Academic journal article IUP Journal of Business Strategy

Assessing Corporate Performance with Measures of Value Added as Key Drivers of Shareholder Wealth: An Empirical Study

Academic journal article IUP Journal of Business Strategy

Assessing Corporate Performance with Measures of Value Added as Key Drivers of Shareholder Wealth: An Empirical Study

Article excerpt


With globalization and well-evolved capital markets in India, corporations have understood that in order to perform well and sustain in the booming economy, they need to create wealth to their shareholders. In order to create wealth, the company has to maximize its total value and enhance its performance through various operations and activities it undertakes. If a company is giving more returns to its shareholders, not only is it judged as a good performing company but also its shareholder base increases and vice versa. To achieve this objective, financial performance measures are needed to assess the firms' endurance in the longer run. In measuring a company's performance and its efficiency, many traditional accounting measures were used earlier. With inception of Economic Value Added (EVA) and Market Value Added (MVA) by Stern Stewart in the early 1990s companies started using these measures to assess their financial performance in terms of value creation. Stern Stewart claimed that MVA is a wealth metric which is positively related to EVA and EVA is a performance metric.

EVA, being a financial performance measure, measures economic profit created by the business and is rightly compared to accounting profit which companies announce annually. In India, the cost of procuring capital is very high, hence the management of the companies should make humongous effort to get maximum profit from every penny they invest in business. Till EVA concept was introduced, cost of capital is considered free and was never calculated when deriving profits. Thus this gap was identified and was addressed aptly through EVA concept. EVA is the difference between a company's profit and the full cost of its capital.

EVA, in general, does not take into account if a company is making profit or loss. It takes into account only the earnings that remain after all costs from all resources are taken into account, including opportunity cost of capital. After meeting this obligation if the company is still left with earnings, then it means that it created a positive EVA, meaning that it created wealth to its shareholders, else it created a negative EVA, meaning that it destroyed the wealth of shareholders. Hence, if the company is having negative EVA continuously, then there is a chance that shareholders shift their funds elsewhere. This is because the company is failing to generate adequate returns on their investment either in the short term or in the long term to its shareholders. This certainly reflects on shareholders' decision while or during their plan to invest or retract an investment/financial decision in that company.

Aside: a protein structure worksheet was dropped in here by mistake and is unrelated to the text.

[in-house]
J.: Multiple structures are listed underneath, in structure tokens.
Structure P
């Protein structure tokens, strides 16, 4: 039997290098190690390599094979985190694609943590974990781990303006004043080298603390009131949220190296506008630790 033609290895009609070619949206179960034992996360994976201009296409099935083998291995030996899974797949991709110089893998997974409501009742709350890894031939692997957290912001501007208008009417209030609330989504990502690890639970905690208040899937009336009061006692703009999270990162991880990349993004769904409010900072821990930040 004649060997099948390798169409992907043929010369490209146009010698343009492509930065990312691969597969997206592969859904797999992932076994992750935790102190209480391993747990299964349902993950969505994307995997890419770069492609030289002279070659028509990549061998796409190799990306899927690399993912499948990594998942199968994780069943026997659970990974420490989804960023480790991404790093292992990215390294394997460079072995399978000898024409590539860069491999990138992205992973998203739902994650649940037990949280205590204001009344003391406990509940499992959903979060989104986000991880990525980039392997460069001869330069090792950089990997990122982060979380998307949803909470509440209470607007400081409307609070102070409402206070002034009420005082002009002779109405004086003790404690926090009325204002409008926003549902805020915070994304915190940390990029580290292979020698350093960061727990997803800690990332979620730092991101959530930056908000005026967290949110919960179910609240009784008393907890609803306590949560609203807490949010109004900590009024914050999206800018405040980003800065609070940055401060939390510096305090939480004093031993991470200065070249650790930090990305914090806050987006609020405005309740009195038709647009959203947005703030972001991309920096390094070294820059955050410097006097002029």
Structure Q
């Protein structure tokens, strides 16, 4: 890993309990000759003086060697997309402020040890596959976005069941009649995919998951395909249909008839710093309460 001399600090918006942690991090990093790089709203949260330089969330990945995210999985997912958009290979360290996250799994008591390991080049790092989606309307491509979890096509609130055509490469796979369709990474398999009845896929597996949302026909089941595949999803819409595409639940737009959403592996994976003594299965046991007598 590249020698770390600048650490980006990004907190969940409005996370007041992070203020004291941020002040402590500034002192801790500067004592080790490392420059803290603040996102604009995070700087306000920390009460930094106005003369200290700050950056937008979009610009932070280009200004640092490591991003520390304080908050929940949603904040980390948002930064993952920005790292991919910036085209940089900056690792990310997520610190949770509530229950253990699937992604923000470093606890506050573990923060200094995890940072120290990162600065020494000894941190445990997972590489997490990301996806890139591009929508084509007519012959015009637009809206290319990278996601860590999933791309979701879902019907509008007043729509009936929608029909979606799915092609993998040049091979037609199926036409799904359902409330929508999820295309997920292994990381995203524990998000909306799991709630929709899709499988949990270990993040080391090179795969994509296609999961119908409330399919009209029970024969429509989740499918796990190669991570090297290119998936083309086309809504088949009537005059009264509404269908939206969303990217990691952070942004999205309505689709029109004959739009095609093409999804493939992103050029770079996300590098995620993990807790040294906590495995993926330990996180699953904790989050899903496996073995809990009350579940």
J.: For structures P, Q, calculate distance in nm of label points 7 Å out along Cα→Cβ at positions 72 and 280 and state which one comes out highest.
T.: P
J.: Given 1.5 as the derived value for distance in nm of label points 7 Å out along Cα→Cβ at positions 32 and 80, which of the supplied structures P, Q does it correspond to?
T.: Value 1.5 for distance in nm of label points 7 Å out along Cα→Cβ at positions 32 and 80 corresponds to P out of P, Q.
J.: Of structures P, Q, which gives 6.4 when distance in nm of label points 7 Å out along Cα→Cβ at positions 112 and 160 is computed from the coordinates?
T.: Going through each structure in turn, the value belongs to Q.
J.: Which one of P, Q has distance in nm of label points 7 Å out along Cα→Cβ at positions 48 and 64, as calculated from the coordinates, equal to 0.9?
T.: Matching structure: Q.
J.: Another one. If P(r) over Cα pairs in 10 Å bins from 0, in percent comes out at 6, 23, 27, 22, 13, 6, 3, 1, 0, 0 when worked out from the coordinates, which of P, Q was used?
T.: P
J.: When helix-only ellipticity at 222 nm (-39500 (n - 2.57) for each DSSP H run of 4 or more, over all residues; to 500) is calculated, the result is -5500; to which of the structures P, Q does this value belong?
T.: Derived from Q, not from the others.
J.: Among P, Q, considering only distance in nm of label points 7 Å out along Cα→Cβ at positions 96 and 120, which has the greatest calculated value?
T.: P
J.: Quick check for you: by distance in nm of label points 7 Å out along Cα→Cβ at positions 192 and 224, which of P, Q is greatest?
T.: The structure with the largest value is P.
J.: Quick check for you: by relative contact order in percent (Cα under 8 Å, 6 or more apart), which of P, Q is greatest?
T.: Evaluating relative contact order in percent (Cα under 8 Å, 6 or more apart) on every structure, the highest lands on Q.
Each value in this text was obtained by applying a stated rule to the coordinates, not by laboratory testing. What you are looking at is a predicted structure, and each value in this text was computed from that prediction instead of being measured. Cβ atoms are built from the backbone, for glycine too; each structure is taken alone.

MVA is another measure developed by Stern Stewart. MVA is a wealth metric and is directly related to EVA. From the investors' point of view, MVA is the best external measure of company's performance. Stewart states that MVA is a cumulative measure of corporate performance and that it represents stock market's assessment of firm's performance and its ability to sustain in the market in the long run, closely observing if value has been created or destroyed by the firm over a period of time. A company's total market value is equal to the sum of the market value of its equity and the market value of debt. MVA is the difference between total market value of the company and invested capital.

Literature Review

Stewart (1991) was the first person who studied the relationship between EVA and shareholder wealth with market data of 618 US companies and presented the results in his book The Quest for Value. The study found that MVA and EVA correspond to each other best when changes in EVA and MVA were studied and not the absolute levels. Moreover, changes in EVA and MVA were not affected so much by accounting distortions and inflation than the absolute values. Further, Stern et al. (1995) concluded that changes in EVA over a five-year period explained 50% of the change in MVA over the same period. …

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